It can feel difficult to find the priority on which to focus our efforts and attention. However, climate change has been described as a ‘threat multiplier’ and an issue that is not gender-neutral with its impacts affecting women and girls disproportionately as well as other minoritised groups who may be ‘less visible’. In an upcoming blog series with a focus on maternal inequalities, EBN will hear more from those working in this important area.

For now, as we take the time on 5th May to celebrate midwives and midwifery and the reflect on the potential the profession has to improve the health and the wellbeing of families globally, midwives must consider how we can not only stay informed in order to advocate, but also be the drivers of knowledge and awareness of the specific risks to perinatal wellbeing within climate change debates.



  1. Sato M, Nakamura Y, Atogami F, Horiguchi R, Tamaki R, Yoshizawa T, Oshitani H. Immediate Needs and Concerns among Pregnant Women During and after Typhoon Haiyan (Yolanda). PLoS Curr. 2016 Jan 25;8
  2. Davis D, Roberts C, Williamson R, Kurz E, Barnes K, Behie A, Aroni R, Nolan CJ, Phillips C, Opportunities for primary health care: a qualitative study of perinatal health and wellbeing during bushfire crises, Family Practice, Volume 40, Issue 3, June 2023, Pages 458–464,
  3. Agency authors (art of a cross-border reporting workshop organised by the U.S.-based East-West Center in Kathmandu, Nepal) Climate change compounds maternal health crisis in flood-prone areas of Indo-Pak Act on Climate Change – Earth Day The Shillong Times 24th March 2024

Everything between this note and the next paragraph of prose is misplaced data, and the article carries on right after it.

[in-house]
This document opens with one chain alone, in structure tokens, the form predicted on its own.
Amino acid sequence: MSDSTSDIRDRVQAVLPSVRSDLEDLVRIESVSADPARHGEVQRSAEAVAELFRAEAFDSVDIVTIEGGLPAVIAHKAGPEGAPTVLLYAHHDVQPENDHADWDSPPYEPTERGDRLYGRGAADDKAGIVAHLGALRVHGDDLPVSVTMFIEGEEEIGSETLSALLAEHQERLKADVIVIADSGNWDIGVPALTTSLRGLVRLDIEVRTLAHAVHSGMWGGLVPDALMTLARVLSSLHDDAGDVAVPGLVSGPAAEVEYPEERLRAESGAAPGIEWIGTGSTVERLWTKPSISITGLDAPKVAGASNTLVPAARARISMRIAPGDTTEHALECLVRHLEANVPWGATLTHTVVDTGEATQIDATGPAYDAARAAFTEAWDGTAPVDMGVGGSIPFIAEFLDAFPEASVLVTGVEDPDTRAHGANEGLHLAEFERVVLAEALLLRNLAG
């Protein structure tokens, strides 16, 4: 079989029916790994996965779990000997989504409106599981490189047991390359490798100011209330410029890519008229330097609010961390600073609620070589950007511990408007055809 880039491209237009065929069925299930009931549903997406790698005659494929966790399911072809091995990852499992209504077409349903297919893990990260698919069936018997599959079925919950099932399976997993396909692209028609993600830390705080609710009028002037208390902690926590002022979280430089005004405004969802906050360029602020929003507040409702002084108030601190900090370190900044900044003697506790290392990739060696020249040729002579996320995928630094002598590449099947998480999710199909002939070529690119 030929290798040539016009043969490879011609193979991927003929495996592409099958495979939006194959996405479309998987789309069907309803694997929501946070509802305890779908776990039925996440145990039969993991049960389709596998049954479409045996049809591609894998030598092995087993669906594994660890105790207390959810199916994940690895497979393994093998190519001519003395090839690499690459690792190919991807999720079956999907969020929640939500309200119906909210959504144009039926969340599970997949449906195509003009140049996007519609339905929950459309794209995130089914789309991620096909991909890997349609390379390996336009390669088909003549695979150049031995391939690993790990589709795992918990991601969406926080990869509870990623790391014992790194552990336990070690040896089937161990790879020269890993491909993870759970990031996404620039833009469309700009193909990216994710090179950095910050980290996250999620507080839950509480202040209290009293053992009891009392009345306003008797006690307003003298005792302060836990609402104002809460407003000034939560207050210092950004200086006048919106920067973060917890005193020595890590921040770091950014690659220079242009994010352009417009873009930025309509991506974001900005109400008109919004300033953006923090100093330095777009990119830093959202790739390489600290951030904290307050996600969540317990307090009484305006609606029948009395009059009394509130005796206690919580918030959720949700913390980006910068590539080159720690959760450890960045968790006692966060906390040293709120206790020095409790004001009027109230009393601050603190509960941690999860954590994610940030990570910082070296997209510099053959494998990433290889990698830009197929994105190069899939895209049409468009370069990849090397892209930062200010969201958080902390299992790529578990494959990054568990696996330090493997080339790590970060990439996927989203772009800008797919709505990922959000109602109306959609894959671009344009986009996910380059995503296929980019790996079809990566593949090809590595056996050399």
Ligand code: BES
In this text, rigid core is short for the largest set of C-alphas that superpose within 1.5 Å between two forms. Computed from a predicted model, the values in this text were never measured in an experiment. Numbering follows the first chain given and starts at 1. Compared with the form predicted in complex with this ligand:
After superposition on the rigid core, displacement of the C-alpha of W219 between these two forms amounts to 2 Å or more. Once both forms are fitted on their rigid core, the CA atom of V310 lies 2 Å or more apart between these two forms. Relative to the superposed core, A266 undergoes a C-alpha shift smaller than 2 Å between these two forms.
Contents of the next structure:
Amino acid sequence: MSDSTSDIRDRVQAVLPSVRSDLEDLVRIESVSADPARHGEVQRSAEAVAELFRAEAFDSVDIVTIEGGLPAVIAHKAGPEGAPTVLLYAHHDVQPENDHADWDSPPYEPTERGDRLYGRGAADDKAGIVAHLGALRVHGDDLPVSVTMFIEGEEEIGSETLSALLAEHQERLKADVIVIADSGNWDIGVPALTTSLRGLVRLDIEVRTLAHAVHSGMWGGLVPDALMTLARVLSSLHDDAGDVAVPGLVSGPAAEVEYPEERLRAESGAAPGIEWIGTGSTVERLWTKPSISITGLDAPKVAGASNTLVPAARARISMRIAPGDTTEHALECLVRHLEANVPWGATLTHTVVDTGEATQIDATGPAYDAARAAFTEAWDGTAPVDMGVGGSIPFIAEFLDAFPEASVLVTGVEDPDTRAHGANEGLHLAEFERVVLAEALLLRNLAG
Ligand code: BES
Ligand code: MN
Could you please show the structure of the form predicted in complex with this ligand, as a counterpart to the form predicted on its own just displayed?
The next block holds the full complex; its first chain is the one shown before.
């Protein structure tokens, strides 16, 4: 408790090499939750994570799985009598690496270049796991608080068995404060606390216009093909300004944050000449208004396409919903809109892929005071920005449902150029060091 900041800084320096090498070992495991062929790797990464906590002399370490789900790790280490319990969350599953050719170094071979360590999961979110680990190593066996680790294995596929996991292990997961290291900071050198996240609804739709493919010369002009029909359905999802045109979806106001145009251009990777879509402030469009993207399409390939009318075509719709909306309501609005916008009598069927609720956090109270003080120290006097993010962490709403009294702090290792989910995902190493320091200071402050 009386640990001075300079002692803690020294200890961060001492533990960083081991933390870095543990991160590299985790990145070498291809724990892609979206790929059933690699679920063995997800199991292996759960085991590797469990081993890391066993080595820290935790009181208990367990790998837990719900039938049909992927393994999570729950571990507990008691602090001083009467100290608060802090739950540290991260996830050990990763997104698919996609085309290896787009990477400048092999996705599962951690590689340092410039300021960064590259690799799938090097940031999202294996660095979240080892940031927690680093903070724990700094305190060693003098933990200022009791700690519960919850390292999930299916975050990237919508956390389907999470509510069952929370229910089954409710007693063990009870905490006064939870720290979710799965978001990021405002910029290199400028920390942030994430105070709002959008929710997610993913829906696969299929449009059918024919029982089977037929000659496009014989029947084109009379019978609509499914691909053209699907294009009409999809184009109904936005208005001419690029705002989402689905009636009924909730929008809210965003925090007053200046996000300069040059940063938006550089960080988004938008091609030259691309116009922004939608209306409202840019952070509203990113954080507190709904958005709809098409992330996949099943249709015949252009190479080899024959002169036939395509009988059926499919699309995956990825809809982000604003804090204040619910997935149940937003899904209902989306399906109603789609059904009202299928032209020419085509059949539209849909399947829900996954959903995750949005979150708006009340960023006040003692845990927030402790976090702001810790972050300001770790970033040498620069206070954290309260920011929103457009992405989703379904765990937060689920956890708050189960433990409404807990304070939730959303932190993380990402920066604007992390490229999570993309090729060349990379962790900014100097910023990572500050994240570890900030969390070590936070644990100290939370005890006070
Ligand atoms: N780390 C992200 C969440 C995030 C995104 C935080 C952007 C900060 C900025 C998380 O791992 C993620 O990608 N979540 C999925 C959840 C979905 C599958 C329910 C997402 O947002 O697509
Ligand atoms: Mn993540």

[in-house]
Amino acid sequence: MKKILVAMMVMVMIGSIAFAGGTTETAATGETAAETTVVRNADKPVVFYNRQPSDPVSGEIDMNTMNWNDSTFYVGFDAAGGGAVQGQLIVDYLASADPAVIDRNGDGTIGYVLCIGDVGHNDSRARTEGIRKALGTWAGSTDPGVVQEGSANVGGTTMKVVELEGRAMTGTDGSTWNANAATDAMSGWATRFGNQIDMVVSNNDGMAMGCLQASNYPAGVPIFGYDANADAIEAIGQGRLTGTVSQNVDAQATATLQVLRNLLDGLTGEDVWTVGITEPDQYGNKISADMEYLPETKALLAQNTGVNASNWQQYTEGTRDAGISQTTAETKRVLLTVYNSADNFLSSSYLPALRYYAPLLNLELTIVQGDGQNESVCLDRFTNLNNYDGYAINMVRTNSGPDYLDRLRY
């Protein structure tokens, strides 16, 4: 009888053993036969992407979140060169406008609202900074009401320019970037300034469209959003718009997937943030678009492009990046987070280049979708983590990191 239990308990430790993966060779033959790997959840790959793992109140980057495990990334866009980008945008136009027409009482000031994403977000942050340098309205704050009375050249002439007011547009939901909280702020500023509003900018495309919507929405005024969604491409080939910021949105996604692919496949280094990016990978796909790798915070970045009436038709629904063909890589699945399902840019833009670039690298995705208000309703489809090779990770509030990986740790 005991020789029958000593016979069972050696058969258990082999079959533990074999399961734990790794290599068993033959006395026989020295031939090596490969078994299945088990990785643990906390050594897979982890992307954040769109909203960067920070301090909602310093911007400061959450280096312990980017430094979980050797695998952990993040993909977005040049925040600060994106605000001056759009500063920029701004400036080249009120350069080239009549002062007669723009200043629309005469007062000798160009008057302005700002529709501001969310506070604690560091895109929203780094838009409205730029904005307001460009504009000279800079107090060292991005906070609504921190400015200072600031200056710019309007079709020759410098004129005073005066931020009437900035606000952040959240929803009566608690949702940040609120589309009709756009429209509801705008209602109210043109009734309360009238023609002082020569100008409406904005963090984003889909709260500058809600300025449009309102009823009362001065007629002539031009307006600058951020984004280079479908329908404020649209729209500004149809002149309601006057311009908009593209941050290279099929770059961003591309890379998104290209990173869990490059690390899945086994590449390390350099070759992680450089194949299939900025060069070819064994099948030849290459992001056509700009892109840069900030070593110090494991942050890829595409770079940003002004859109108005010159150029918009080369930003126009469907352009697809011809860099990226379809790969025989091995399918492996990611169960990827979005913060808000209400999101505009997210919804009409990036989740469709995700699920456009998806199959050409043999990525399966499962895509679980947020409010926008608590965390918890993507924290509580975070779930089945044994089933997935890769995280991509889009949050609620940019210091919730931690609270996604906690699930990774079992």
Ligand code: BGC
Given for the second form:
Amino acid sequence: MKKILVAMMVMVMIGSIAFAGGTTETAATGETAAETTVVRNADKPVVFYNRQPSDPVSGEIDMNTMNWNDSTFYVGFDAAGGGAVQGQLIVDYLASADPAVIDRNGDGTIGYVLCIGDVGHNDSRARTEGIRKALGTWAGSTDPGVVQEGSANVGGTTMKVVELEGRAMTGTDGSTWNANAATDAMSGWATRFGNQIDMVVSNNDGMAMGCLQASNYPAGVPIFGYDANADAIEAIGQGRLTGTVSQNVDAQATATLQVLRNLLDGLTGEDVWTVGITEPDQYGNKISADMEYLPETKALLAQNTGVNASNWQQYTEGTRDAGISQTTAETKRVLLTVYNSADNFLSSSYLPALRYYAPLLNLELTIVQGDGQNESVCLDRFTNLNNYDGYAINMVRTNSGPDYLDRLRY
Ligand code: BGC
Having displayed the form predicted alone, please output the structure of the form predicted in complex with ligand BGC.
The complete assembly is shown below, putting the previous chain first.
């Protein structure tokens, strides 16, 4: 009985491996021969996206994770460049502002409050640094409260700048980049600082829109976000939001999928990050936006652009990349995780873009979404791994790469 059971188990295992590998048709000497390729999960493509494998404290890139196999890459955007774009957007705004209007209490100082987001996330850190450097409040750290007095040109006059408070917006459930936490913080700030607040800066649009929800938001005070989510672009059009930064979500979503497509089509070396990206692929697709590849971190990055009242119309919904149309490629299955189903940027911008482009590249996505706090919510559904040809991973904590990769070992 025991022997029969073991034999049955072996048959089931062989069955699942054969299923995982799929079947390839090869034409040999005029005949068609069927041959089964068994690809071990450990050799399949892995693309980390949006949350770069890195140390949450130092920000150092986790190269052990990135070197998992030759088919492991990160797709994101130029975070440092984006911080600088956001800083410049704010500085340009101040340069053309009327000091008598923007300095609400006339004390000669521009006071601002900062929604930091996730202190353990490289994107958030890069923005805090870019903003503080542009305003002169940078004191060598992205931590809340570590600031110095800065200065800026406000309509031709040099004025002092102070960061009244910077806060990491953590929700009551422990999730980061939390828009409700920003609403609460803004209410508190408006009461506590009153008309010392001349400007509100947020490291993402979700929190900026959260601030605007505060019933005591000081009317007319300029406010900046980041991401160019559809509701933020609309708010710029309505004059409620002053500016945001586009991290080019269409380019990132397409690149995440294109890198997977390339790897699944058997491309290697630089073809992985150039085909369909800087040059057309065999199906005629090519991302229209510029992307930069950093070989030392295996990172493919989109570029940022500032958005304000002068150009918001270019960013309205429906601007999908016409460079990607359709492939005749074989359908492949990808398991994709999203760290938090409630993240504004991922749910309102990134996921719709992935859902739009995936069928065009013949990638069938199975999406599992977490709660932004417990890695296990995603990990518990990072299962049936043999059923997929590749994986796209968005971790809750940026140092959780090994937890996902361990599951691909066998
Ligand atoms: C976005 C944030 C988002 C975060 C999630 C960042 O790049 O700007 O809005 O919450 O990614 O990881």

4. Nyadanu S, Dunne J, Tessema GA, Mullins B, Kumi-Boateng B, Bell ML, Duko B, Pereira G, Maternal exposure to ambient air temperature and adverse birth outcomes: An umbrella review of systematic reviews and meta-analyses, Science of The Total Environment, Volume 917,2024,
  5. Ragusa A, Notarstefano V, Svelato A, Belloni A, Gioacchini G, Blondeel C, Zucchelli E, De Luca C, D’Avino S, Gulotta A, Carnevali O, Giorgini E. Raman Microspectroscopy Detection and Characterisation of Microplastics in Human Breastmilk. Polymers (Basel). 2022 Jun 30;14(13):2700
  6. Ragusa A, Lelli V, Fanelli G, Svelato A, D’Avino S, Gevi F, Santacroce C, Catalano P, Rongioletti MCA, De Luca C, et al. Plastic and Placenta: Identification of Polyethylene Glycol (PEG) Compounds in the Human Placenta by HPLC-MS/MS System. International Journal of Molecular Sciences. 2022; 23(21):12743.
  7. Garcia MA, Liu R, Nihart A, El Hayek E, Castillo E, Barrozo ER, Suter MA, Bleske B, Scott J, Forsythe K, Gonzalez-Estrella J, Aagaard KM, Campen MJ, Quantitation and identification of microplastics accumulation in human placental specimens using pyrolysis gas chromatography mass spectrometry, Toxicological Sciences, Volume 199, Issue 1, May 2024, Pages 81–88,
  8. Zhang J, Wang L, Trasande L, Kannan K, Occurrence of Polyethylene Terephthalate and Polycarbonate Microplastics in Infant and Adult Feces, Environmental Science & Technology Letters 2021 8 (11), 989-994
  9. Charron A, Wunsh J (Eds.) Babies vs Plastics November 21, 2023
  10. Kumari U, Sharma RK, Keshari JR, Sinha A. Environmental Exposure: Effect on Maternal Morbidity and Mortality and Neonatal Health. Cureus. 2023 May 4;15(5):e38548.
  11. WHO Factsheet Maternal mortality 26 April 2024